Working Together to Refresh the Collaborative Agreement

Working Together to Refresh the Collaborative Agreement

By Brian Robert Calfano, Ph.D.

Working with Iris Roley and Al Gerhardstein has been a meaningful learning experience for me, and I can certainly say that I have learned far more about Cincinnati from the viewpoint of these pivotal stakeholders than I would have initially imagined.

I was approached in early summer 2017 to lead a survey project that would assess community impressions of the Collaborative Agreement, community/police relations, and citizen familiarity with complaint processes put in place since the agreement went into effect in 2002. Both Iris and Al were heavily involved in helping to determine the questions and topics featured in the survey, and Iris was especially instrumental in working to ensure that community members were made aware of the survey’s purpose as part of the larger goal of determining the nature of a collaborative “refresh”.

Data collection ran from June to September, with analysis beginning in mid-September in anticipation of presenting the findings at the city’s first community forum on the collaborative refresh (set for the 25th). Working with Shaonta Allen, a University of Cincinnati graduate in sociology, Iris, Al, and I collaborated daily (sometimes multiple times a day) during the analysis and report write-up period to determine the best ways to communicate the findings and insights to the broadest possible audience.

Throughout the process, I was often reminded through Iris and Al’s abiding concern for the prospect of social justice in Cincinnati that the purpose of my effort was not simply to capture accurately the views of the over 1200 community members who participated in the survey research, but to enlighten and inspire the collective discussion about the Collaborative Agreement’s future in securing a truly just city for all its residents.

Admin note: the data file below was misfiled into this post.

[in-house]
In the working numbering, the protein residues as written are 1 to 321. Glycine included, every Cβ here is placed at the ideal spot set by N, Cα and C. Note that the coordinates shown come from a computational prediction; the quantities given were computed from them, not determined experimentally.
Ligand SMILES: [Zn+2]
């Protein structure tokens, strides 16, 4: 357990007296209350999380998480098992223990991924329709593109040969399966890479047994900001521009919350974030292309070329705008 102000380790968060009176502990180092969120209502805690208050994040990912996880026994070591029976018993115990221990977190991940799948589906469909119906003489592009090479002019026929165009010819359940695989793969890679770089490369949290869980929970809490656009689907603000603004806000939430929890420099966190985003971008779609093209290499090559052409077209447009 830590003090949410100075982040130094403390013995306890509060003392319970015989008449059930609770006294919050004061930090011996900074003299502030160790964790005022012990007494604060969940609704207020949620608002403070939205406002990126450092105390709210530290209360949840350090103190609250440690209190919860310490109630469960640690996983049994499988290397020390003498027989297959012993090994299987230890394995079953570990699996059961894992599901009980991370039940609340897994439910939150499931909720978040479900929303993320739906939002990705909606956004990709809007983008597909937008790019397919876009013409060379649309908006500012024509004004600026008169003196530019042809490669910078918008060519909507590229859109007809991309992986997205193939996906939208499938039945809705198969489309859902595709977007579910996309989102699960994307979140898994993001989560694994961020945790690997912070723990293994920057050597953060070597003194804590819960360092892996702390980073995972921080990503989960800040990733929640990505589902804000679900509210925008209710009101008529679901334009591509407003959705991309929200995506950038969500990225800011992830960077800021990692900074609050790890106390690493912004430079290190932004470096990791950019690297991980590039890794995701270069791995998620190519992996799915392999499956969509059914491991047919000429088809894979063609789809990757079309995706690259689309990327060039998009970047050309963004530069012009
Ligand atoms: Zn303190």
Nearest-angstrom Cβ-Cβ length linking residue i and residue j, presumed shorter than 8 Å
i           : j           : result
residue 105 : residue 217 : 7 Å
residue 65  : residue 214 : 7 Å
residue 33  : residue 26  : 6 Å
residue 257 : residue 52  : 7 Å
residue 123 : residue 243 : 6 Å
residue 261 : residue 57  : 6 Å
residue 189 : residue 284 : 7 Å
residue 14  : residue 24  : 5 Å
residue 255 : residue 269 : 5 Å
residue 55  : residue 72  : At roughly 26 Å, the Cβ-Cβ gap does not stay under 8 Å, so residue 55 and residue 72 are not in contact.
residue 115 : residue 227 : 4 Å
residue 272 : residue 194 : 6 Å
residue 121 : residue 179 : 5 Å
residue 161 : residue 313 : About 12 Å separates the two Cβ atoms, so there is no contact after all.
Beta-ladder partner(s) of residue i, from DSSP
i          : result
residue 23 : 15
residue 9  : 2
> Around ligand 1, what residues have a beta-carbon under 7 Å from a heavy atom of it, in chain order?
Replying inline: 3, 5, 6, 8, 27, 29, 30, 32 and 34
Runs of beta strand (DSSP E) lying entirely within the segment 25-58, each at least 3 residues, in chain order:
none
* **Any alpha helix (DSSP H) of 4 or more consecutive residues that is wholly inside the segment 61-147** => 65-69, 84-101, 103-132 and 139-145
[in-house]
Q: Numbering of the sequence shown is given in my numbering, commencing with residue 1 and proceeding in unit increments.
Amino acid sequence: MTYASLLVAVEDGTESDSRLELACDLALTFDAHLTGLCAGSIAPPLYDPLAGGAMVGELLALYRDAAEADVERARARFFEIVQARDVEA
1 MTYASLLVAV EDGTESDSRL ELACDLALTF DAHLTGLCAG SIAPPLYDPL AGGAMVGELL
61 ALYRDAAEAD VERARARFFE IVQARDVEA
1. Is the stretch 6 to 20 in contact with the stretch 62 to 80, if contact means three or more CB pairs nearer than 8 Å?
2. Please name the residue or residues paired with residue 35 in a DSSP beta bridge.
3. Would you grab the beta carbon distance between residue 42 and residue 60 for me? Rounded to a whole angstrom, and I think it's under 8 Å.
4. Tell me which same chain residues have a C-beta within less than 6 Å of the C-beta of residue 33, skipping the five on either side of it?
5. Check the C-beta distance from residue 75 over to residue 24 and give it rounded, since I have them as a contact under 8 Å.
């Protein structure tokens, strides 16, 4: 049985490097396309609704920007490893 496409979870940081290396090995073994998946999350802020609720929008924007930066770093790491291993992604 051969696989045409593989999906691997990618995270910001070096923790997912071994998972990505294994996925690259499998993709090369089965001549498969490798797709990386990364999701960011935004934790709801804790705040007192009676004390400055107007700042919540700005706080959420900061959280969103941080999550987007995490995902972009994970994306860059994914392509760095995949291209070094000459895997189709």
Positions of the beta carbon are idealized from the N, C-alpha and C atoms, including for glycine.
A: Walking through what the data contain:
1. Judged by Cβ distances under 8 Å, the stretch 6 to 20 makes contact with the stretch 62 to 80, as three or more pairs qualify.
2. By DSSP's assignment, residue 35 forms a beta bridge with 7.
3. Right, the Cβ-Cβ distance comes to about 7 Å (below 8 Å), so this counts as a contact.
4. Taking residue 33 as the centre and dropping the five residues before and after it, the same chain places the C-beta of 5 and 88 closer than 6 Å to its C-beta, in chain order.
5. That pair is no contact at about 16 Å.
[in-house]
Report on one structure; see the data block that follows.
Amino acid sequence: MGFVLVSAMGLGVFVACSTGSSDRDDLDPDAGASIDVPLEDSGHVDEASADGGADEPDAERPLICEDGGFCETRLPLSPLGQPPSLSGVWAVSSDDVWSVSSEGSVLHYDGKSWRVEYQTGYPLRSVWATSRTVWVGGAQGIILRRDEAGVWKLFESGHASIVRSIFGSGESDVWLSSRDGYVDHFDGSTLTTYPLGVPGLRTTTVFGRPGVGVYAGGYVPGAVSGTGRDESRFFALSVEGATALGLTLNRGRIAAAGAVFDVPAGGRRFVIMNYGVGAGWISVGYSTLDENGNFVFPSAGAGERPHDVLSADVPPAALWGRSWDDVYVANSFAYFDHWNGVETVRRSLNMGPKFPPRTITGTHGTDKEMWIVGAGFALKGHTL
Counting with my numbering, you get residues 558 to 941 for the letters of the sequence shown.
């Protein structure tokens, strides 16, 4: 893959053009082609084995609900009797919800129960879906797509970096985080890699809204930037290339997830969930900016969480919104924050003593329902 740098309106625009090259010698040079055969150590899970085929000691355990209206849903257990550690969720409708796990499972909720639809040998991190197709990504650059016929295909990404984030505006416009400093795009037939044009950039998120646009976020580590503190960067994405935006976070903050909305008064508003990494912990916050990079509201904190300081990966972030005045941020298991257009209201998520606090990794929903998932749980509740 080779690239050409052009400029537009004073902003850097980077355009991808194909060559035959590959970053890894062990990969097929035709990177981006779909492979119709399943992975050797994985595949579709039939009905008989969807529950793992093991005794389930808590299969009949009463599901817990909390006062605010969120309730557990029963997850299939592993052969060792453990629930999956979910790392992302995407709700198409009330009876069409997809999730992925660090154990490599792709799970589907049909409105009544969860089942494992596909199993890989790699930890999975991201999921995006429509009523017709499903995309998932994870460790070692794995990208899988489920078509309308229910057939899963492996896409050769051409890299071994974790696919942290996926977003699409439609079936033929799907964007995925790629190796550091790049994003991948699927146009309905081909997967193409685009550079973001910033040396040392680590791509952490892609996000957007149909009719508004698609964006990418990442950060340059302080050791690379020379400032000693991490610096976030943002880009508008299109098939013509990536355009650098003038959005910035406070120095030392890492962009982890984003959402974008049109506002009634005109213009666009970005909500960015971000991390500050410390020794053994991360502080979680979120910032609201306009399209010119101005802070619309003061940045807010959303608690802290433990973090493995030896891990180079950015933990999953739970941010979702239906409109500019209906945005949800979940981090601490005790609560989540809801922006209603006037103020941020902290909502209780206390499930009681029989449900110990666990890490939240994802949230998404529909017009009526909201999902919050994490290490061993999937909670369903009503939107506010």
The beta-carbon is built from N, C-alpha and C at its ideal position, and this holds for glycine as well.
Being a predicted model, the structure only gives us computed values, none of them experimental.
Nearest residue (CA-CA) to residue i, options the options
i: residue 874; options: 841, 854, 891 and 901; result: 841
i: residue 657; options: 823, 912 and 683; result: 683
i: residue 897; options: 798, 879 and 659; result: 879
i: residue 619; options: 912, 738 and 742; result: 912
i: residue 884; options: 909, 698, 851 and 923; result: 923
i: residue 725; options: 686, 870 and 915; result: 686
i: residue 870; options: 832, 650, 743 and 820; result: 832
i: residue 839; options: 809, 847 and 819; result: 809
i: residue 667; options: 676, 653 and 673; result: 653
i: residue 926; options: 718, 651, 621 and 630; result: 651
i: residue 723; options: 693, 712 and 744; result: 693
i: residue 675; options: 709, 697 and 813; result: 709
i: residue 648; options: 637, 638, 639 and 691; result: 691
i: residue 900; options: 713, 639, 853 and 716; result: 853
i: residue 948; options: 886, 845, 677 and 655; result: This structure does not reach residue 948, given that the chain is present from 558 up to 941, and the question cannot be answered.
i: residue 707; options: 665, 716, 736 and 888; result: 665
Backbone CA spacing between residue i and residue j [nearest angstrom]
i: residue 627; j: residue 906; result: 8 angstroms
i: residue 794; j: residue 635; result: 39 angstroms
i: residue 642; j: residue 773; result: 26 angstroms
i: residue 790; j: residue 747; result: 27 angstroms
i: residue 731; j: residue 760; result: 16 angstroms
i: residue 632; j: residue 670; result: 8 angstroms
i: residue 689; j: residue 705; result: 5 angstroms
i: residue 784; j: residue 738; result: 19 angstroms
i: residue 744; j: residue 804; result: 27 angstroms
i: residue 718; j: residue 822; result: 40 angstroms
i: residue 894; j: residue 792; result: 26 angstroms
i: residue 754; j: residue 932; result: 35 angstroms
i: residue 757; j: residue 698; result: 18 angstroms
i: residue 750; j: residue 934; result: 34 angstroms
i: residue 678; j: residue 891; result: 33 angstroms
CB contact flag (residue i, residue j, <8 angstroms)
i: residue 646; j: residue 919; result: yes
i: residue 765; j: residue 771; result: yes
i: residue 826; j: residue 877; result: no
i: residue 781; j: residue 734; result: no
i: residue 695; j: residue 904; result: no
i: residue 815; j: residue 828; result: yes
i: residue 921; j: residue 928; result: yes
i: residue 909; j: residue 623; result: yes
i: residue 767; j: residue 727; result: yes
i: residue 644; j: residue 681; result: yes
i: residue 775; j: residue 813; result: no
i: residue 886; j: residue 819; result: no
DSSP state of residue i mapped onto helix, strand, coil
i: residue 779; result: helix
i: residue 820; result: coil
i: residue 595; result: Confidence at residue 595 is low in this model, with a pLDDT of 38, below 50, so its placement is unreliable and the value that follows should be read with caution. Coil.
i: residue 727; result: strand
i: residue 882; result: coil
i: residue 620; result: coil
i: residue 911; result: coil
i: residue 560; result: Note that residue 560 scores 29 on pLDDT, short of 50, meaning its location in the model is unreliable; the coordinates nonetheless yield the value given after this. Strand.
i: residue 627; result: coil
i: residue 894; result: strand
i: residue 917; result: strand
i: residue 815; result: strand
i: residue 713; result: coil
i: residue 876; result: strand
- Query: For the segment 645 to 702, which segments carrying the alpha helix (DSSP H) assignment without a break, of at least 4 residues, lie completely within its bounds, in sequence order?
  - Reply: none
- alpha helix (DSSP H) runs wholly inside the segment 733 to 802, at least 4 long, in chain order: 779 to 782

jmalatWorking Together to Refresh the Collaborative Agreement
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I want to be an active part of social change in my city

I want to be an active part of social change in my city

By Kelsie Gerard
Junior, Sociology
Hometown: Cincinnati

A couple of weeks ago, I was asked by those involved with The Cincinnati Project to participate as a researcher at the annual NAACP Conference. This was a valuable experience for me as an undergraduate student because it was my first time attending a conference.

Kelsie Gerard

Kelsie Gerard was one of the students who attended the NAACP Convention in Cincinnati.

While at the conference, it was hard for me not to notice that I was one of the youngest people there, but attending with five of my peers from the University of Cincinnati allowed me to ease into the work more comfortably.

The varying levels of experience my peers have in researching and attending conferences helped make me feel less intimidated by the professional setting.

This was a great opportunity for me to practice my note-taking and listening skills, and learn how to actively apply them to research.

I wanted to be a part of this research process because I want to be an active part of social change in my city. I learned about the history of community-police relations in Cincinnati from the original negotiators of the Collaborative Agreement, and listened and shared countless stories of personal experiences with people from communities all over the country.

I found a sense of unity and connectedness in sharing similar experiences and feelings with everyone in the room, and it makes me realize that I am not in this fight alone.

cinciprojectI want to be an active part of social change in my city
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